I also wanted to talk to Ros and Lea about the C-suite because I had a conversation with a client not long ago. It was during LGBT Month, and we were talking about some challenges that LGBT staff were facing in their business. During the meeting, he went very quiet until he said to me, “Of course, I absolutely believe in diversity and inclusion, and that it’s important for my business, but who am I as a straight man to talk about LGBT issues?”

We had a really productive conversation. I advised him that as a senior leader in the business, he is the custodian of the culture and he needs to be walking the talk on diversity and inclusion. He also needed to lean into his vulnerabilities and have some difficult conversations that might feel awkward to him about topics that he’s not familiar with. He was suffering from impostor syndrome on this. I asked Lea and Ros for their thoughts on the effects of impostor syndrome when it comes to creating more diverse and inclusive workplaces?

Ros highlighted that we all have more in common than we have that divides us. In the case of my example, ‘What he has that gives him the absolute right and necessity to talk to somebody who is perceived to be in a different group to him, is that he’s a human being. As are we all and that is a uniting factor.

In your book Toby, ‘Inclusive Growth’, you quote Ben Brown formerly of Intuit and you say that you only find out what you need to know by asking people about the problem. It is incredibly simple, but it’s so important. Everybody has the right to find out about each other because the flip side of that is assuming that you are supposed to have all the answers. I really do think that for a lot of people that’s the feeling people get trapped in – that they need to know it all when you don’t. That leads to the other feeling associated with high achievers and imposter syndrome which is that the higher and more senior your job title, the further it is to fall if you “mess up”. It’s a perception that there’s more to lose the higher you go, the drop is deeper.

Being willing to learn from others is a great sign of strength. It’s this alpha male idea that you have to know it all and “Be big and strong. Yeah, I’ve done that, I can do that.” You don’t. Admitting some vulnerability just makes you join the human race, which we all are a part of. And you don’t have to be perfect or all-powerful, and if you believe you have to be, that’s quite creepy.’

Lea picked up the theme. ‘We went to one big city financial services company and gave a talk on imposter syndrome once. And when we finished, we invited questions. The first person to stand up was a managing director, and he said he’d experienced imposter syndrome. Now, admitting a little bit of vulnerability like that gave the green light for others to open up and speak. It was a moment of tremendous strength, as we’ve said, to admit it. Far worse to say, “Well, of course, I don’t have it, but you junior people might.” It’s just not the case.’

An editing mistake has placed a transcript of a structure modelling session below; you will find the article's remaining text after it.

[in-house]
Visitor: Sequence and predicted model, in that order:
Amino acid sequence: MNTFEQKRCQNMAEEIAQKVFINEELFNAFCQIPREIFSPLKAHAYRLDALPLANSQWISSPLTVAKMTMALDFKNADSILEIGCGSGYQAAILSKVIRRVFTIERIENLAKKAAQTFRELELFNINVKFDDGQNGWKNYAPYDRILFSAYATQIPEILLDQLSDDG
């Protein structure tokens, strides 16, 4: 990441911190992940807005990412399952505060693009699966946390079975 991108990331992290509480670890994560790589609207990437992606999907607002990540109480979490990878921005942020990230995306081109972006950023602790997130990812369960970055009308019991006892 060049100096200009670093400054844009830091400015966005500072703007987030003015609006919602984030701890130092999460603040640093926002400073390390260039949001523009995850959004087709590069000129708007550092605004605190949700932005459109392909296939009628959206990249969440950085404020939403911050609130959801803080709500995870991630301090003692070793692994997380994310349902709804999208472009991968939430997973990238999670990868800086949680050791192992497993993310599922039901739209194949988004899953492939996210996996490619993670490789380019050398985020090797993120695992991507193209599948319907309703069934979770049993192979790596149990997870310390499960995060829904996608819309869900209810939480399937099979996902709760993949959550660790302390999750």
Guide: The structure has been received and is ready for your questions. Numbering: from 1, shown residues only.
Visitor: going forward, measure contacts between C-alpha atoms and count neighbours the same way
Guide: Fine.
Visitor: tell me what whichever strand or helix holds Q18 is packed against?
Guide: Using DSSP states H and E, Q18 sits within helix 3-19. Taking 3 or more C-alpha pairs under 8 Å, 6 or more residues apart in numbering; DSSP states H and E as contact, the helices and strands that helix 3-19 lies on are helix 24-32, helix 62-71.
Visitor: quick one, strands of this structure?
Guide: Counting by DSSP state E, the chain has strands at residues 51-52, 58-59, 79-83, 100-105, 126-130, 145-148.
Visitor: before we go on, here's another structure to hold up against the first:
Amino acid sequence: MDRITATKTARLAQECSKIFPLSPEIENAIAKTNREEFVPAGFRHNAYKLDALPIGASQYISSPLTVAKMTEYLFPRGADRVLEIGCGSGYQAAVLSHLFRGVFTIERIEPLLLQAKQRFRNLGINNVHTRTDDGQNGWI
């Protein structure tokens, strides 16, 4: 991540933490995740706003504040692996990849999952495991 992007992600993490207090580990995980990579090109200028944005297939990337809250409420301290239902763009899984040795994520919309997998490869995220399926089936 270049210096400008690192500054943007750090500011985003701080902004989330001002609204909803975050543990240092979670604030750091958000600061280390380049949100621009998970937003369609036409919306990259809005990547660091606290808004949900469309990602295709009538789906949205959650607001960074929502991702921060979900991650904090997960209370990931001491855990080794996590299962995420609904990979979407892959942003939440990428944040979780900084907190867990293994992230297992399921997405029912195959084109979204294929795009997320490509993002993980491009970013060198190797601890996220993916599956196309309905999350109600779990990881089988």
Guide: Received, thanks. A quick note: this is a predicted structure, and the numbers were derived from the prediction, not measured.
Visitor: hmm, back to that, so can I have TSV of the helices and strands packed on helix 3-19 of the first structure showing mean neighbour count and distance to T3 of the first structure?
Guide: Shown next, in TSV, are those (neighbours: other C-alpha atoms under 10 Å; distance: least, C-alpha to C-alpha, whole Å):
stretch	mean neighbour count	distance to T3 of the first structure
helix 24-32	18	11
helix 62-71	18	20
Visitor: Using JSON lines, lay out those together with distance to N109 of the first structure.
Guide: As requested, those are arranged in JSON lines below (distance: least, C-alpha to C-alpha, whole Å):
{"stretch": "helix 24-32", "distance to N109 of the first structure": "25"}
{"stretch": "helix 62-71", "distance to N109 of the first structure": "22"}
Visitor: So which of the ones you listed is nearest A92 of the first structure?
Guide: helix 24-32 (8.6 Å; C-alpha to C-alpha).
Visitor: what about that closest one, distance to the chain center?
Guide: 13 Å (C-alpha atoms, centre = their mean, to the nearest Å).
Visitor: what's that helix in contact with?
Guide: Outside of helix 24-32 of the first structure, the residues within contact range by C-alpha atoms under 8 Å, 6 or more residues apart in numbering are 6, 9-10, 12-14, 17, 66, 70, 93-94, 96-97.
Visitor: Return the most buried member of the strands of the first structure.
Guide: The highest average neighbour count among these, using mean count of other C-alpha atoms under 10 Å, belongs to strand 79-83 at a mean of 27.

Before the interview concluded I posed my customary question to both Lea and Ros, to find out what inclusive growth means to them.

Ros said that for her ‘inclusive growth means feeling at home and respected so you can be your best and do your best. We were listening to the podcast you did with Emma Codd of Deloitte, when she said, needing to love where you work. That does it for me.’

For Lea, she referred back to her time at Channel 4 News. ‘They’ve always been ahead of the curve. It’s not who you see on screen, I’m talking about the people who work behind the scenes. They’ve been very, very good on diversity and inclusion, but you should never stop championing the cause. You need to look out for opportunities to improve things. I used to work with a wheelchair user who was an editor. He had access to everything, but he said when we worked on the lower ground floor “If there’s a fire and they close down the lifts, how do you get me out?” He had to challenge them on that. And for that kind of thing, you need support. He shouldn’t be just fighting that battle on his own.

I also want to say that diversity and inclusion is not just about gender, ethnicity, or disability, but also socio-economic and educational background. And neurodiversity – people who may have learning difficulties such as dyslexia. It’s a question of emphasising people’s strengths not focusing on their weaknesses. Inclusive growth means never stop trying and involve everybody in an organisation.’

So if you feel imposter syndrome is holding you back or stopping you from contributing, Ros and Lea are there to help. Visit theconfidencepeople.com to read about their work, what previous clients have said and to get in touch.

Leave a Reply

Your email address will not be published. Required fields are marked *